Both American and Kurdish leaders, well aware that the issue could reawaken ethnic tensions and threaten the country's fragile postwar stability, have called for all Kurdish claims to be carried out through legal channels. But tensions are high and deadly armed clashes have taken place. In the town of Rummana, near Mosul, for example, Arab tribes and Kurds reached an agreement that if a member of either group trespassed in the other group's village, he would be killed on sight. The night after the agreement was reached, two Arabs and three Kurds were killed. Arabs across the north claim they have been threatened, vandalized, shot at and harassed -- with the Americans doing nothing.
Shaker Mahmoud and his family are red-hot with anger when they talk about the interlopers.
"That is still my land and I asked them to leave a few days ago when I first came back alone, to see the place for myself," he explains. Shaker Mahmoud points at several villages in the distance and says that his land stretches even beyond them. "They are sitting on my land and I want them to leave but they just said no." Calling the villagers "thieves and gypsies," he claims they belong to Arab and "Bedouin" tribes and that they were paid large sums of money by the Baath party to settle on his land.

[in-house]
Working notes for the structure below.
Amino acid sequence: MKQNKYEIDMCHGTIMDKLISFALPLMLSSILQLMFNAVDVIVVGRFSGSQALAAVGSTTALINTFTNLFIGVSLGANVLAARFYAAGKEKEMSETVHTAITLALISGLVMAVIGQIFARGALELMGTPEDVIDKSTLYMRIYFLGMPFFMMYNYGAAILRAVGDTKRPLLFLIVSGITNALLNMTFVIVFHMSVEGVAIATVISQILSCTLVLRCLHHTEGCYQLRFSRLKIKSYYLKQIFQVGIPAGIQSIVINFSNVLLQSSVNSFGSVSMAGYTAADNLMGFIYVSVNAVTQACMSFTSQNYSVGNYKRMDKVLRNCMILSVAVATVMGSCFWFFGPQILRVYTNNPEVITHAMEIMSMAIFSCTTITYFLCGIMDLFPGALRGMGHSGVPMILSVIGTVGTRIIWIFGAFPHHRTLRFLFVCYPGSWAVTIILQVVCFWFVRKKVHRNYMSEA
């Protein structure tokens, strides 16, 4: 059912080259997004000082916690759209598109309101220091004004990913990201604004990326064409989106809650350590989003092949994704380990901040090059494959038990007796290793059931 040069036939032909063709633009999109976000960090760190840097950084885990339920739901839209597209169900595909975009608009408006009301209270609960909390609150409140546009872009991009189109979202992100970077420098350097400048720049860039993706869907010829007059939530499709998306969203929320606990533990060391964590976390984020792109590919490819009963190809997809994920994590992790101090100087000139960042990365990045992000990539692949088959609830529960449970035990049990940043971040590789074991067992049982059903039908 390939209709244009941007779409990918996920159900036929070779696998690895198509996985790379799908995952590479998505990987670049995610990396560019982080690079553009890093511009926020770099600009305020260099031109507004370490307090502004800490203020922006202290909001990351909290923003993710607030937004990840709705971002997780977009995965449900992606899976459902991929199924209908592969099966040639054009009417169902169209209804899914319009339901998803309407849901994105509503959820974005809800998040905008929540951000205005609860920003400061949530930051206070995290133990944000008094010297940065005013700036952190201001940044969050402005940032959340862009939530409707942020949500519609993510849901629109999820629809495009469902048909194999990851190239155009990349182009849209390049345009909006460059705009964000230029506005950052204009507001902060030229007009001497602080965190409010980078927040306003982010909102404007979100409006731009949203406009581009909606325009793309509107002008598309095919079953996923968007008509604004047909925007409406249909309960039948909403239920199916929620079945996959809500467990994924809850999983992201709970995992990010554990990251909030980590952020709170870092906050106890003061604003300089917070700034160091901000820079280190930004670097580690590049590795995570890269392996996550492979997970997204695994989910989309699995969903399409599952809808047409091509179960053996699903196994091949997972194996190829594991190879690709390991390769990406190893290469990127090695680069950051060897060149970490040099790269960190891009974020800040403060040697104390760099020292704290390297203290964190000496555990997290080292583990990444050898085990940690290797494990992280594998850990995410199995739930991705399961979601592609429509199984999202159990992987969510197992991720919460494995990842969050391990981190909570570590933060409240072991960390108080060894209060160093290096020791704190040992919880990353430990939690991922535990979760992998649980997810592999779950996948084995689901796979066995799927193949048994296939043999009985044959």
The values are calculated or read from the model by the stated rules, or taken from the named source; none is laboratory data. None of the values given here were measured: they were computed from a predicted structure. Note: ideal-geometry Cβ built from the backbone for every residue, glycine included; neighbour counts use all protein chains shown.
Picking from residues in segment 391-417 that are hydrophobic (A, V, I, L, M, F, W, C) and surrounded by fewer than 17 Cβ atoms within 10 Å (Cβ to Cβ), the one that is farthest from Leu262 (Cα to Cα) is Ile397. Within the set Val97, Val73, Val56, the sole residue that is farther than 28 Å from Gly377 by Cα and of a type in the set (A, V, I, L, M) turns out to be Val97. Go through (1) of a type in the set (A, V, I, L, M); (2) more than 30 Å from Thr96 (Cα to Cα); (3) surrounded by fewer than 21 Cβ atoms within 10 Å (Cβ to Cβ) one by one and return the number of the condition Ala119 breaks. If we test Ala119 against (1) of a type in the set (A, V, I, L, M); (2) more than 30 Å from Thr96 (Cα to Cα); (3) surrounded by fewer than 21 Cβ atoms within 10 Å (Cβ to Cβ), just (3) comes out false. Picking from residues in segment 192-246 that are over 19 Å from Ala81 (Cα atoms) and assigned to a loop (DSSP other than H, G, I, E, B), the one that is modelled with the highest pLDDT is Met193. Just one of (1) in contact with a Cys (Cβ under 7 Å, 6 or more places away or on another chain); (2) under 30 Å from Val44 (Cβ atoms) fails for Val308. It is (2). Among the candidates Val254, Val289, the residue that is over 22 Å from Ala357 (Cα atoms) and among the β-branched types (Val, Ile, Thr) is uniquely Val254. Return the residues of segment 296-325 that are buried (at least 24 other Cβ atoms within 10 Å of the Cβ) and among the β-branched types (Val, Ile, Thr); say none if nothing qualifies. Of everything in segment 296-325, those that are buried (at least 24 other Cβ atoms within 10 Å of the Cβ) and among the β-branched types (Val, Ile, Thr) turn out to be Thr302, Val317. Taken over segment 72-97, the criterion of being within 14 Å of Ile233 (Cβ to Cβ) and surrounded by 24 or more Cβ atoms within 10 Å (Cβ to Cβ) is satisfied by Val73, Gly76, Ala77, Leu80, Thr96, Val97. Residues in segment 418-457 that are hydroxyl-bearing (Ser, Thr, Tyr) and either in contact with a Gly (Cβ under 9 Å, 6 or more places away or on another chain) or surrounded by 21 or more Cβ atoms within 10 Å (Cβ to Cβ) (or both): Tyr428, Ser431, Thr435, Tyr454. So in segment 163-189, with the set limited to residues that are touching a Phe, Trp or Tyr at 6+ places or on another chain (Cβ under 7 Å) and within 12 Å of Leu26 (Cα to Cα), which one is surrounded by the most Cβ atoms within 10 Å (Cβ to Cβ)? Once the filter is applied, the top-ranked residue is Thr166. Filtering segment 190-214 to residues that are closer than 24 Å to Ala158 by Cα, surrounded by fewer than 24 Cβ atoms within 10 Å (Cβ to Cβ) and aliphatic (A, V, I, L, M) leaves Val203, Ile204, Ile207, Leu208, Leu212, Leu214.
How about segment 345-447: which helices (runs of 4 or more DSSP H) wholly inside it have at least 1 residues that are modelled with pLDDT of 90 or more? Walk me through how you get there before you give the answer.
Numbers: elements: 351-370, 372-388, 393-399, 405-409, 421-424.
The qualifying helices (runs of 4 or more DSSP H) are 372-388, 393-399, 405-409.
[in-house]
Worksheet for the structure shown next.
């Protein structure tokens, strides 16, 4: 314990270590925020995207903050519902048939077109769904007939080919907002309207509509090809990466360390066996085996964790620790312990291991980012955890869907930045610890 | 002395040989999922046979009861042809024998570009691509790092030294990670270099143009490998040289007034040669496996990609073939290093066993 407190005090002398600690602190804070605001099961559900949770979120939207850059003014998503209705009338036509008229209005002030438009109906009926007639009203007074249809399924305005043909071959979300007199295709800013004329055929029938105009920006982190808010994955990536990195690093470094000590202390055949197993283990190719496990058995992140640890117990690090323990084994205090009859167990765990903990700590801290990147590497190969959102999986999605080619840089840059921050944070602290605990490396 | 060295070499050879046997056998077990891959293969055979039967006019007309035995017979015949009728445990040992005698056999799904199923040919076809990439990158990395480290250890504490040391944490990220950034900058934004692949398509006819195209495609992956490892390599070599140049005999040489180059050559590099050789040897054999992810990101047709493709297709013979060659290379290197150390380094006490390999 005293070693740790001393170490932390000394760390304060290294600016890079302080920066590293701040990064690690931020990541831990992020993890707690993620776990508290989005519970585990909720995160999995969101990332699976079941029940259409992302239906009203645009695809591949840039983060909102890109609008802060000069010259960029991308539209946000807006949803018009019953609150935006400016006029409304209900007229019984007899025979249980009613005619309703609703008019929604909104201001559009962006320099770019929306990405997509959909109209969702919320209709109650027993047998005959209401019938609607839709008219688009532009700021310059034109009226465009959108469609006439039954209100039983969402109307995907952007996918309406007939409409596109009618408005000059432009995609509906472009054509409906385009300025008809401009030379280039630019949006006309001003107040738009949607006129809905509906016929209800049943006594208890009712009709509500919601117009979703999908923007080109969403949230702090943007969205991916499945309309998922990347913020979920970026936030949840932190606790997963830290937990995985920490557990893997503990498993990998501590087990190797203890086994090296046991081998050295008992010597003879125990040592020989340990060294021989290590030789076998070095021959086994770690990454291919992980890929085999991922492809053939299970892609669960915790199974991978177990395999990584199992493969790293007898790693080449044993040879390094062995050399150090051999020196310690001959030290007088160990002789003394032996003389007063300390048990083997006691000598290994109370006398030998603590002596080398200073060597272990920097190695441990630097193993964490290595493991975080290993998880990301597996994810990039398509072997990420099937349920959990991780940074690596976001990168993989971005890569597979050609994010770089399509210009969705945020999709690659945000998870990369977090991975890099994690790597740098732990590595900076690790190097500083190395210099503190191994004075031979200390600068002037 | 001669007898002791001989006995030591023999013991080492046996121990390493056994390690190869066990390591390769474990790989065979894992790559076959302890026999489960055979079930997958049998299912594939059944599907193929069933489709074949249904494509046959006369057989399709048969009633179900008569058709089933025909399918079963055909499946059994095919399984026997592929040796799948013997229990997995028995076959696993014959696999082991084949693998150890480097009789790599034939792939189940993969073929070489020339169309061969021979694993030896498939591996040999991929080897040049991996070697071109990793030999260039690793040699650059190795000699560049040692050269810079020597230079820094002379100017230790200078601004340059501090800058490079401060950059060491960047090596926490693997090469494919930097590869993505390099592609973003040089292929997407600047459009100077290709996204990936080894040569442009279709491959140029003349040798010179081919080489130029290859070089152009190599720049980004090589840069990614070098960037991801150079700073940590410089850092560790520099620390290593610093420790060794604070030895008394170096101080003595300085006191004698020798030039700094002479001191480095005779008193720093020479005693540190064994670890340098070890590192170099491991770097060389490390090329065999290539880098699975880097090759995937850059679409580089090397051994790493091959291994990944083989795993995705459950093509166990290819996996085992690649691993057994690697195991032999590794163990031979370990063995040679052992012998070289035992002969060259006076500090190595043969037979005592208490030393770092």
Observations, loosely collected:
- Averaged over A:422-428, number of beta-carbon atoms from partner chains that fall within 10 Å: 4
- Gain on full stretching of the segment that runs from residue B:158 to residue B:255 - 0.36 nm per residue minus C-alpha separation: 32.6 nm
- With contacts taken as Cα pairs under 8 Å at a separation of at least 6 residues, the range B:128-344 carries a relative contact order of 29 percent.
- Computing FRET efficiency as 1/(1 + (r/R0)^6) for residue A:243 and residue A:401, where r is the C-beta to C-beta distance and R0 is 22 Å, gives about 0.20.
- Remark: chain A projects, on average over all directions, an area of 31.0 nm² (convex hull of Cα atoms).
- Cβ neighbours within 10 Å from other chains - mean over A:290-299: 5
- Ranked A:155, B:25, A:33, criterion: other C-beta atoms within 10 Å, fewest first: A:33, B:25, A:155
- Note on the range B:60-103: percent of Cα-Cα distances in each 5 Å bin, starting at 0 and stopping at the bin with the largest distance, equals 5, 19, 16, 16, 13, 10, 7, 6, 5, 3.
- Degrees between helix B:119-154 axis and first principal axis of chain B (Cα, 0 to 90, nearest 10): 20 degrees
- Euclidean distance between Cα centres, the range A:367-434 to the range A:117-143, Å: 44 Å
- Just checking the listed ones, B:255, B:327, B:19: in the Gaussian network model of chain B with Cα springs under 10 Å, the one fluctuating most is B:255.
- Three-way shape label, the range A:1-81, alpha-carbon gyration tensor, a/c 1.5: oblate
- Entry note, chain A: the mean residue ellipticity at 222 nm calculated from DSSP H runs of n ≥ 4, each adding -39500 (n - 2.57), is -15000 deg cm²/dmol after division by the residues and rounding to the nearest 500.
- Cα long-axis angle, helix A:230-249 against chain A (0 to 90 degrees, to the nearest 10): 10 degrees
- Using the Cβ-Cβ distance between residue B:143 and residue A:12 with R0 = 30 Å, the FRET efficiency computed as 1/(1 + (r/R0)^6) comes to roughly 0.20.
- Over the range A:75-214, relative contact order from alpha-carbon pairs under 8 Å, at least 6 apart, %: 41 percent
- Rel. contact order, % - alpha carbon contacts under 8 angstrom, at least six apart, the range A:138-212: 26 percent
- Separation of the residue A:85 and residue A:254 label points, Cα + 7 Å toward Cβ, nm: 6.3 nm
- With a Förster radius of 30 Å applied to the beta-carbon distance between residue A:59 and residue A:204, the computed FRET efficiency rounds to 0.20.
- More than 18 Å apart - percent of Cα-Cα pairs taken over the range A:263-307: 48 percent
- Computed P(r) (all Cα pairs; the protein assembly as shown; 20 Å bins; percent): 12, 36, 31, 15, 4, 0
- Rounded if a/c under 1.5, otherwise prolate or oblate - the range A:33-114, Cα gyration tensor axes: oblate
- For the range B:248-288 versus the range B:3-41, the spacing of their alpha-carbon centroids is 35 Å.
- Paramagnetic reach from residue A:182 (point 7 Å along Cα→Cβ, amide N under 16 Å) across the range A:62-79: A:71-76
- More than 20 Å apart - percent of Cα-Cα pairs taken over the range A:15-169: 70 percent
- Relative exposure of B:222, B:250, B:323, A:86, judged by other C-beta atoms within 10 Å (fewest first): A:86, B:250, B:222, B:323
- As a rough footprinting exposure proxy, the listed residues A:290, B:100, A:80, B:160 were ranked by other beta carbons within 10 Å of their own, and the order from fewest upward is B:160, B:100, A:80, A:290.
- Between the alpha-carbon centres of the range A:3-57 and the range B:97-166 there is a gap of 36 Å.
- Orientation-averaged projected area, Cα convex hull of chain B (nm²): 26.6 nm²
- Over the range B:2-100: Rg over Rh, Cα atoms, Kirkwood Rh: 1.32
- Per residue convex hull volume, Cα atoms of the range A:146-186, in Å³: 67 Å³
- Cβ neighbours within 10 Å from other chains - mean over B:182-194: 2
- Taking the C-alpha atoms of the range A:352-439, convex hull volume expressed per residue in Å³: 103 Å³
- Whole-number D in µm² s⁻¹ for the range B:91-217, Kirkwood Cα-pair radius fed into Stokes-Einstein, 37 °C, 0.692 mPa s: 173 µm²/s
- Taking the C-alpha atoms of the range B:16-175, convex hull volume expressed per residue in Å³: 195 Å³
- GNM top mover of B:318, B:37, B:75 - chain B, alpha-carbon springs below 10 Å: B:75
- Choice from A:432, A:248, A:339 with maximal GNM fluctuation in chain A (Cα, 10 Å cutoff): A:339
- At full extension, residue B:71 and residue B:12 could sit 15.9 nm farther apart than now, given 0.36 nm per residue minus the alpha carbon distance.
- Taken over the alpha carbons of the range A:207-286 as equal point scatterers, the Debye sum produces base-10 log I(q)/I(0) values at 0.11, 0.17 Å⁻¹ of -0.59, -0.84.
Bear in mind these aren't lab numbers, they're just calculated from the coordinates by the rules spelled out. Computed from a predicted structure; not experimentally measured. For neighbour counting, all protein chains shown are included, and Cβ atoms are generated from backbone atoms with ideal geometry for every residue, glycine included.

He is not quite sure what to do next. In the meantime he has ordered his men to set up tents near their old village in order to stake their claim.
At the Dakuk checkpoint returning families are being met by officials from the Patriotic Union of Kurdistan (PUK), which controls the area. Nur Eddin Daoudi is a political officer who says his task is to help smooth the return for the exiles. "We are here for our people who have suffered so much over the past 30 years under Saddam Hussein," he says. Daoudi does not want to talk about practical matters during this emotional time. He sidesteps questions about deeds, maintaining that all the returnees are in the possession of the proper documents, proving their ownership of the land. But some of the returning Kurds themselves admit that not all of them have documentation -- not surprisingly, perhaps, considering that the Baath regime typically refused to give the exiles any papers except identity cards.